Adam Smith: The sympathetic process and the origin and function of conscience

In Christopher J. Berry, Maria Pia Paganelli & Craig Smith (eds.), The Oxford Handbook of Adam Smith. Oxford University Press. pp. 177 (2013)

Authors
Christel Johanna Fricke
University of Oslo
Abstract
According to Adam Smith, the acquisition of moral conscience is an essential part of a person’s moral education. I argue that moral conscience as conceived by Smith enables a person to intentionally take the role of an impartial spectator. I trace the process of moral education from the child in its family, to interaction with peers to learning and then to a self-evaluation, learning to become one’s own spectator and judge. This is a move from uncritical trust to external guidance to acquiring the faculty of conscience. Smith recommends most people to rely on the ‘common rules of morality’ rather than on sympathetic processes alone. But such reliance represents merely a second best procedure for reaching a properly impartial moral judgment. While the ‘wise and virtuous’ may well improve on the impartiality of the ‘common rules of morality’, even their moral judgments will never be perfectly impartial or certain beyond doubt.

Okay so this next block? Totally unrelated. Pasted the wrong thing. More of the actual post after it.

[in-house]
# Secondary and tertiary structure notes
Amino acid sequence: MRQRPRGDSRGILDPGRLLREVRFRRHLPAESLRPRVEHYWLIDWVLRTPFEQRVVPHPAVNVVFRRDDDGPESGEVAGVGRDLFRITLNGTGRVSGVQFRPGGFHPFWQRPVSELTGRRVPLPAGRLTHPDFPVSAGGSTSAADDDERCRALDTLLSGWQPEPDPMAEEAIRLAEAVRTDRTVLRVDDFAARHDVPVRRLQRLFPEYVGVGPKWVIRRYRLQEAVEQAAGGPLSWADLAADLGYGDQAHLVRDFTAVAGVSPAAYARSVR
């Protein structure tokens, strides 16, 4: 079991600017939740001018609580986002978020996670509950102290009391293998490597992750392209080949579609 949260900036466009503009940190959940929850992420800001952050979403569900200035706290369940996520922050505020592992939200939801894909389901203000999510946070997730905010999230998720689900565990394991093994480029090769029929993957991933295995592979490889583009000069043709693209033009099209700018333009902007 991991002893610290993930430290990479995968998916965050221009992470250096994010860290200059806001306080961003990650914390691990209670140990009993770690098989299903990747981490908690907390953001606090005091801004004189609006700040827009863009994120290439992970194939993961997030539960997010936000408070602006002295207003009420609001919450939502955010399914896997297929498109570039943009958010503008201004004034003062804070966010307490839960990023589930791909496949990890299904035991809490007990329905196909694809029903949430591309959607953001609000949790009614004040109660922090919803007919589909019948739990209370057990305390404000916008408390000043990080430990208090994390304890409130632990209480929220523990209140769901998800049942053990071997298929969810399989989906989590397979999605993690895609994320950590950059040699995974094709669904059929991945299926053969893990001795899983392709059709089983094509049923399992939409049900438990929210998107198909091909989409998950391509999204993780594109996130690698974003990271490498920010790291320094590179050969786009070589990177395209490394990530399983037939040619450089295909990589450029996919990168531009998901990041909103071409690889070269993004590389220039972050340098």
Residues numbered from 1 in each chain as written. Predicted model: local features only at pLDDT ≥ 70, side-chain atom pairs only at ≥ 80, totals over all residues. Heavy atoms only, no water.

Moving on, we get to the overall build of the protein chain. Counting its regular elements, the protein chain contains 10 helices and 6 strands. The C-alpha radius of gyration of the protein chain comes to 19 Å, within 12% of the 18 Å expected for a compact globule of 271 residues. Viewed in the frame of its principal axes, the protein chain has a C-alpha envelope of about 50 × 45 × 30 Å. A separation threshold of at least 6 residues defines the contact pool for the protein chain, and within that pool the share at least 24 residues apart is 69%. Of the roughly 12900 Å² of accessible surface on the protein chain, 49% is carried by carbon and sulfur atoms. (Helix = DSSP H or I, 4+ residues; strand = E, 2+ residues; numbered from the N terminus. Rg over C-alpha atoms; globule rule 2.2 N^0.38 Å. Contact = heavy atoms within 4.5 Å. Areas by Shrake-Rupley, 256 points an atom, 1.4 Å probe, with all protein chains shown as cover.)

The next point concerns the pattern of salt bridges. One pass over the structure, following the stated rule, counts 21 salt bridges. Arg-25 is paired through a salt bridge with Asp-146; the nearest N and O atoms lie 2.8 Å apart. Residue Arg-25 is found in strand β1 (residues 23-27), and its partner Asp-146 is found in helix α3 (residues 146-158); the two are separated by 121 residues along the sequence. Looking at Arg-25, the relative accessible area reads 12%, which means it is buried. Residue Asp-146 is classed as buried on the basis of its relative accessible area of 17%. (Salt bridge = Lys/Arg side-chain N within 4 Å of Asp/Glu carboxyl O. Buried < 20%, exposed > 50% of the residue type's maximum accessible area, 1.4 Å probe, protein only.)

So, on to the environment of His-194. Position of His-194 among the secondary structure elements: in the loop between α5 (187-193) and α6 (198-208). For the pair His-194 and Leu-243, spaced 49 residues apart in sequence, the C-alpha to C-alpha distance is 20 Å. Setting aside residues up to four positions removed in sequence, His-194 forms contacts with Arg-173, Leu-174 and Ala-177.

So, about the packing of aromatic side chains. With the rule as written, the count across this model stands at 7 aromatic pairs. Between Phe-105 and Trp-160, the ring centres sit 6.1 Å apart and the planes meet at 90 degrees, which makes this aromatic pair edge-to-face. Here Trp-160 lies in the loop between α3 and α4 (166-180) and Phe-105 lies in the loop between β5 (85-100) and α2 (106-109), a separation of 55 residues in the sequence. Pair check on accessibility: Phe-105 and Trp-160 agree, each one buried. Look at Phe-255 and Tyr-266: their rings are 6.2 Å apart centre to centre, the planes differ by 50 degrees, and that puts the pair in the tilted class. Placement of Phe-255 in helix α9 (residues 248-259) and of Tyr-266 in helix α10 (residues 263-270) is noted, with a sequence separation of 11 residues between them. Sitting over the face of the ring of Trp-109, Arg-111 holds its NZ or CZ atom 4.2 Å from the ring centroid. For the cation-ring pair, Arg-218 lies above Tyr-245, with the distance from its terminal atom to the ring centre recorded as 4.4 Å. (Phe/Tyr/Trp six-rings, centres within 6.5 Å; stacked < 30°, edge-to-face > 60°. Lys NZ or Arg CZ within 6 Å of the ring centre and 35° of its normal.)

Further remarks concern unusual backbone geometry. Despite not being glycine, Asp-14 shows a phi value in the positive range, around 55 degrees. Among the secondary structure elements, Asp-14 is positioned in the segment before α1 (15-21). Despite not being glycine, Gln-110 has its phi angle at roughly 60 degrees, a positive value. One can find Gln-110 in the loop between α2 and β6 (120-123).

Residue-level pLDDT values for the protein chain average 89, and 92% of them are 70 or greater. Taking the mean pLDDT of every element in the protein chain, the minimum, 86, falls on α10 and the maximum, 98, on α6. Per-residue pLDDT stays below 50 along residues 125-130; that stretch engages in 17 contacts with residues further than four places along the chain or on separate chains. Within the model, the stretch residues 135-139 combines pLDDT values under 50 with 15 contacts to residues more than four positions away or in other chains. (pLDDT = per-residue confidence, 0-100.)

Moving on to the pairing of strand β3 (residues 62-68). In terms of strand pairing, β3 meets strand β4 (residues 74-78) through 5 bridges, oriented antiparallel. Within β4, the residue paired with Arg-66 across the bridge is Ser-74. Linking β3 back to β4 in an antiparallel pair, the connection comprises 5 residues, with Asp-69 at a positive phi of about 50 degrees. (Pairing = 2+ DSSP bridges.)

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DOI 10.1093/oxfordhb/9780199605064.013.0010
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